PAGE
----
Psychological Help-Seeking Attitudes and Intentions of Lesbian, Gay, and Bisexual Individuals: The Role of Sexual Minority Identity and Perceived Counselor Sexual Prejudice

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Abstract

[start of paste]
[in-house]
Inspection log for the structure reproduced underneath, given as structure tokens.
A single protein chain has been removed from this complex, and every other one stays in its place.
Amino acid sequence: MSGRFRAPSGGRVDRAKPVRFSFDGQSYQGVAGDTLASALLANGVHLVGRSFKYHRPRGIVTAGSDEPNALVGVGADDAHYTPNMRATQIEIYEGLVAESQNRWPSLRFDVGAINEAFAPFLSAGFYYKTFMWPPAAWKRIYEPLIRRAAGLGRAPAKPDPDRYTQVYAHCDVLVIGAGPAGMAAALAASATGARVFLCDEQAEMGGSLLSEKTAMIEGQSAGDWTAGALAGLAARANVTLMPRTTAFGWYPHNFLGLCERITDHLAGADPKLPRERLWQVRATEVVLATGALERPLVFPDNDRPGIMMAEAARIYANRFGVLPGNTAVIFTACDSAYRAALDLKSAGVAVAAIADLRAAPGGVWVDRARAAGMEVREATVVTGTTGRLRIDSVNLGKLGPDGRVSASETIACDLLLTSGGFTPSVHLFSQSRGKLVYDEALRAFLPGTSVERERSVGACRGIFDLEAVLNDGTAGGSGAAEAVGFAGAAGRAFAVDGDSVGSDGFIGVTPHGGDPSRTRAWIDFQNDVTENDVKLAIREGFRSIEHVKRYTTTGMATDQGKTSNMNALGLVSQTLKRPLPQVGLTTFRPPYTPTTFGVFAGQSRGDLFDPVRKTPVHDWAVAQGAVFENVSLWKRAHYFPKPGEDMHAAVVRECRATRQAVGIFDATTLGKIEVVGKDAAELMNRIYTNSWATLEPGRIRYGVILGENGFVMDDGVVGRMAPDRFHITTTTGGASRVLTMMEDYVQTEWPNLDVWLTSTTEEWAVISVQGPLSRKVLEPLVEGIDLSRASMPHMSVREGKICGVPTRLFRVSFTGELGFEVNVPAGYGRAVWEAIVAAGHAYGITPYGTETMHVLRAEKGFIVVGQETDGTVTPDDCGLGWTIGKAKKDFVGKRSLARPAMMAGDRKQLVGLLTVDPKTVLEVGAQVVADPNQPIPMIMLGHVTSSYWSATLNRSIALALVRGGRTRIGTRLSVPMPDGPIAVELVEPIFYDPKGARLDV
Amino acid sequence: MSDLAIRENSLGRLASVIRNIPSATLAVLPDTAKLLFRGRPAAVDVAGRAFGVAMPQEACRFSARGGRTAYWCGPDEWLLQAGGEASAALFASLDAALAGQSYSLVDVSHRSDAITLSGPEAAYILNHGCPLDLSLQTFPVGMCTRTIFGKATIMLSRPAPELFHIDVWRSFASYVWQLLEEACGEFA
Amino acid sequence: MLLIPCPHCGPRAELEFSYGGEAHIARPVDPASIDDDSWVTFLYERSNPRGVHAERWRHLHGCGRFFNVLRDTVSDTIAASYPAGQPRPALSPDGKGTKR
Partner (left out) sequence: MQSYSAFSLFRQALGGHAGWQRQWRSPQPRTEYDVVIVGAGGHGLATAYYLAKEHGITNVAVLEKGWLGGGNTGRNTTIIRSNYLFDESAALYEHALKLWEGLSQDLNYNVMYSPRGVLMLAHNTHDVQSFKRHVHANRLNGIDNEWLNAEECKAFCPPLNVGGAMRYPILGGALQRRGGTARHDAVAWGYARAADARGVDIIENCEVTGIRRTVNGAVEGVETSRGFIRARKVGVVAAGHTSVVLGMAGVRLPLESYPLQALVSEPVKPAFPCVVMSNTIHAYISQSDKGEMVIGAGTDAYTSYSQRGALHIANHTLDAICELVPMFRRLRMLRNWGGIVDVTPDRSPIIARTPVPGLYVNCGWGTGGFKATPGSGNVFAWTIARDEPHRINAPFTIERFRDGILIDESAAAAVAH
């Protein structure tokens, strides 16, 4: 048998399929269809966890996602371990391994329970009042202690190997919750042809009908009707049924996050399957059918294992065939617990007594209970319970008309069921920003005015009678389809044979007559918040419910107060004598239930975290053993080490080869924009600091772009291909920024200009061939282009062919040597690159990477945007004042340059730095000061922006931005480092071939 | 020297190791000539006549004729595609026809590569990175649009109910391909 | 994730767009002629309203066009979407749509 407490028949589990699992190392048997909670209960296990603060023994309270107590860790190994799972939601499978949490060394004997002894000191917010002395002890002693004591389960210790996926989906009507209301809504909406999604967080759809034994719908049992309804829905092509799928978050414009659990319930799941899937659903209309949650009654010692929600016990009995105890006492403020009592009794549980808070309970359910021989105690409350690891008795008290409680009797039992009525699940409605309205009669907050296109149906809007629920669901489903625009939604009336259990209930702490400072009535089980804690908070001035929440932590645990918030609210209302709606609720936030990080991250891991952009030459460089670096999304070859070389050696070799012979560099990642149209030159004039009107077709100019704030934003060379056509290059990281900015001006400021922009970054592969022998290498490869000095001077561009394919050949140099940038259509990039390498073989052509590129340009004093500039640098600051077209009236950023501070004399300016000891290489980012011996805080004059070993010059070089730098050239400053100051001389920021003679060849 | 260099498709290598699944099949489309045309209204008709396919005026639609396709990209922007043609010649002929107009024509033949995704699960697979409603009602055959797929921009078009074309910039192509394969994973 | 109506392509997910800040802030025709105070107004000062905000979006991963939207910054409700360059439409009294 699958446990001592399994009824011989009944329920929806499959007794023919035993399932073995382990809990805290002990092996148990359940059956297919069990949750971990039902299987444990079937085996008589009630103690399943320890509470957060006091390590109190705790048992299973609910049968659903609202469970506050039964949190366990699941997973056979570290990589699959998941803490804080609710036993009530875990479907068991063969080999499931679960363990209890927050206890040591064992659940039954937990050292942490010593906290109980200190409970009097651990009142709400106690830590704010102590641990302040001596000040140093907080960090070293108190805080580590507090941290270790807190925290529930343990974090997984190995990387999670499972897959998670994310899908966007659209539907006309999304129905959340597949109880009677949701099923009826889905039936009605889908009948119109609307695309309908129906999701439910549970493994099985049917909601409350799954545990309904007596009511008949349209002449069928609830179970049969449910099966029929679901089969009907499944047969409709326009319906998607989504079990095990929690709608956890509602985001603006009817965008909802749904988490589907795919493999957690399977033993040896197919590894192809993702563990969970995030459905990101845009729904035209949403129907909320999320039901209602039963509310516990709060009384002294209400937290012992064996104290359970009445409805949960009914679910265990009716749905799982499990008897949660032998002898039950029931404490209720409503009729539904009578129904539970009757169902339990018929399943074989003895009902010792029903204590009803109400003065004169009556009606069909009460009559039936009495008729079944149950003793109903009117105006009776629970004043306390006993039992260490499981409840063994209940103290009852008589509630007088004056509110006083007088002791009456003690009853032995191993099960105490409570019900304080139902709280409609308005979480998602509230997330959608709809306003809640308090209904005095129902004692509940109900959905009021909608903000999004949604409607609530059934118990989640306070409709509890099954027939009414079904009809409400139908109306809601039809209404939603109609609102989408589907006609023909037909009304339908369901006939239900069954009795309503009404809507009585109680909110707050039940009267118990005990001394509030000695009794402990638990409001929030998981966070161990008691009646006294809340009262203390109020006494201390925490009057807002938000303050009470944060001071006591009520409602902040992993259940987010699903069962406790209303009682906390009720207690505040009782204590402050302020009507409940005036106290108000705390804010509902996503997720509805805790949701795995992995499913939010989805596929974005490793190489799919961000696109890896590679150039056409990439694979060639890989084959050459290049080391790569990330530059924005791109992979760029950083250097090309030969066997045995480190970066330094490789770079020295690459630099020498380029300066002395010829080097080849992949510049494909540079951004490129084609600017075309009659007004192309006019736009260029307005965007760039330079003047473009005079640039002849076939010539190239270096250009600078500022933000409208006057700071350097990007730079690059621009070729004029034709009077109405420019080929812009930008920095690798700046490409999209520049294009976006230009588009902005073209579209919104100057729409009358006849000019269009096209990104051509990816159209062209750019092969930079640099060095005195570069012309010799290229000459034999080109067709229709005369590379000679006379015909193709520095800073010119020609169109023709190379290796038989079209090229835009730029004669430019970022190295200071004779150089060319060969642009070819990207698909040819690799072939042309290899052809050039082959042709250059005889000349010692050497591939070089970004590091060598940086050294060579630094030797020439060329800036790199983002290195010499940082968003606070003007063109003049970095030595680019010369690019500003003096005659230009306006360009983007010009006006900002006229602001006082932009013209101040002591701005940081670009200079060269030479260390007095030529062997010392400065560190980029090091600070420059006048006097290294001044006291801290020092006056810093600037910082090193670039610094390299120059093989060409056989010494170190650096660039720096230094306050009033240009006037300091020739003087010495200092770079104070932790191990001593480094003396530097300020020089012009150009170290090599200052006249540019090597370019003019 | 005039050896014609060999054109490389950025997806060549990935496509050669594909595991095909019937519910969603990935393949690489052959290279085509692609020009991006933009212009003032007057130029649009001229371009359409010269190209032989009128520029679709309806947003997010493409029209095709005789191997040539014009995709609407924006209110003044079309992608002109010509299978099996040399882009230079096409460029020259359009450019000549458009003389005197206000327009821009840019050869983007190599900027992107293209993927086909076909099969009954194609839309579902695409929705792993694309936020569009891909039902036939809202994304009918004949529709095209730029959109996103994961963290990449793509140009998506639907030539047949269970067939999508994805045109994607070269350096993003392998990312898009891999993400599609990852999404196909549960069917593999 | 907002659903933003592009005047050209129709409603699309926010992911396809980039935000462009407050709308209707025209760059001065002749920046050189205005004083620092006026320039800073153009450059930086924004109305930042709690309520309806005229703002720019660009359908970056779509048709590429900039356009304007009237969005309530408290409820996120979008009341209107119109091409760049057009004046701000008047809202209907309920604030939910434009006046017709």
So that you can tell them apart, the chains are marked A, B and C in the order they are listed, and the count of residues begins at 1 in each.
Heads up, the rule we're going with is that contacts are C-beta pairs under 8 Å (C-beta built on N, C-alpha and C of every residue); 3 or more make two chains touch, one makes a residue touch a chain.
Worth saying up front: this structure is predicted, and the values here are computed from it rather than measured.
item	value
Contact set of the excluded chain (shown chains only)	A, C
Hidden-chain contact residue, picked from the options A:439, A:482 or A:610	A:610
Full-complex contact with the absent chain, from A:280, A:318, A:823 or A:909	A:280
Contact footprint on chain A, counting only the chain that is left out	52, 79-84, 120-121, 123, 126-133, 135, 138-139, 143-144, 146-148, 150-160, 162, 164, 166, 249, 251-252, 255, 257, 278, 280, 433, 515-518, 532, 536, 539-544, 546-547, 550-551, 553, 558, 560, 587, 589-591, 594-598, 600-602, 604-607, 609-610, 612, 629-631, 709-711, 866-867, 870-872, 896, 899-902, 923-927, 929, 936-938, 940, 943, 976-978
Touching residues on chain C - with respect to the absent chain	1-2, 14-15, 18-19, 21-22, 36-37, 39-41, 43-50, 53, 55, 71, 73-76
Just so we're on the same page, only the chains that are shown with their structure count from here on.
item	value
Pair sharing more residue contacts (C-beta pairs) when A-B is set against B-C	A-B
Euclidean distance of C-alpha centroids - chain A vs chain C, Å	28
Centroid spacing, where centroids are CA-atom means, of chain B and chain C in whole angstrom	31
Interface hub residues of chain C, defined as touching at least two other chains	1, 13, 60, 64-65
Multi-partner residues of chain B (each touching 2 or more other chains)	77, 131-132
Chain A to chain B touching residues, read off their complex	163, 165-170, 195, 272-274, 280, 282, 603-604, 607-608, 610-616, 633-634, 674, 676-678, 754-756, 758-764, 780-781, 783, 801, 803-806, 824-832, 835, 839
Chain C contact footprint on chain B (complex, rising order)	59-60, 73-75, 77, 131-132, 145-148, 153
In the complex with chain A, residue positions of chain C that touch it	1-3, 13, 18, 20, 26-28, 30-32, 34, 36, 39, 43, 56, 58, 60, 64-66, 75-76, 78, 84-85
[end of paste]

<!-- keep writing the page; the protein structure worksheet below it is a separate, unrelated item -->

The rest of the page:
In the current study, the psychological help-seeking attitudes and intentions of 140 lesbian, gay, and bisexual (LGB) individuals were examined in relation to their LGB identity and perceived sexual prejudice of mental health counselors. Relying on the theory of planned behavior (Ajzen, 1991), the looking glass self (Cooley, 1902/1964), and the threat-to-self-esteem model (Nadler & Fisher, 1986), we hypothesized that perceived counselor sexual prejudice mediated the relationship between an individual’s LGB identity and their intentions to seek psychological services using path analysis. Contrary to expectations, perceived counselor sexual prejudice did not mediate the relation between LGB identity and intentions to seek psychological services. Results indicated LGB Identity Affirmation, but not Negative LGB Identity, was related to perceived counselor sexual prejudice such that the more affirming LGB individuals are of their sexual identity the less they perceive counselors to display sexual prejudice. The model illustrated that attitudes toward mental health counseling mediated the relationship between perceived counselor sexual prejudice and intentions to seek psychological services. Furthermore, a negative relationship was found between LGB identity and intentions to seek psychological services, such that the more negative an individual views their LGB identity, the higher their intentions to seek psychological services. Finally, a positive relationship emerged between prior counseling experience and help-seeking attitudes and intentions. Implications of these findings are discussed in terms of training, practice, and research.

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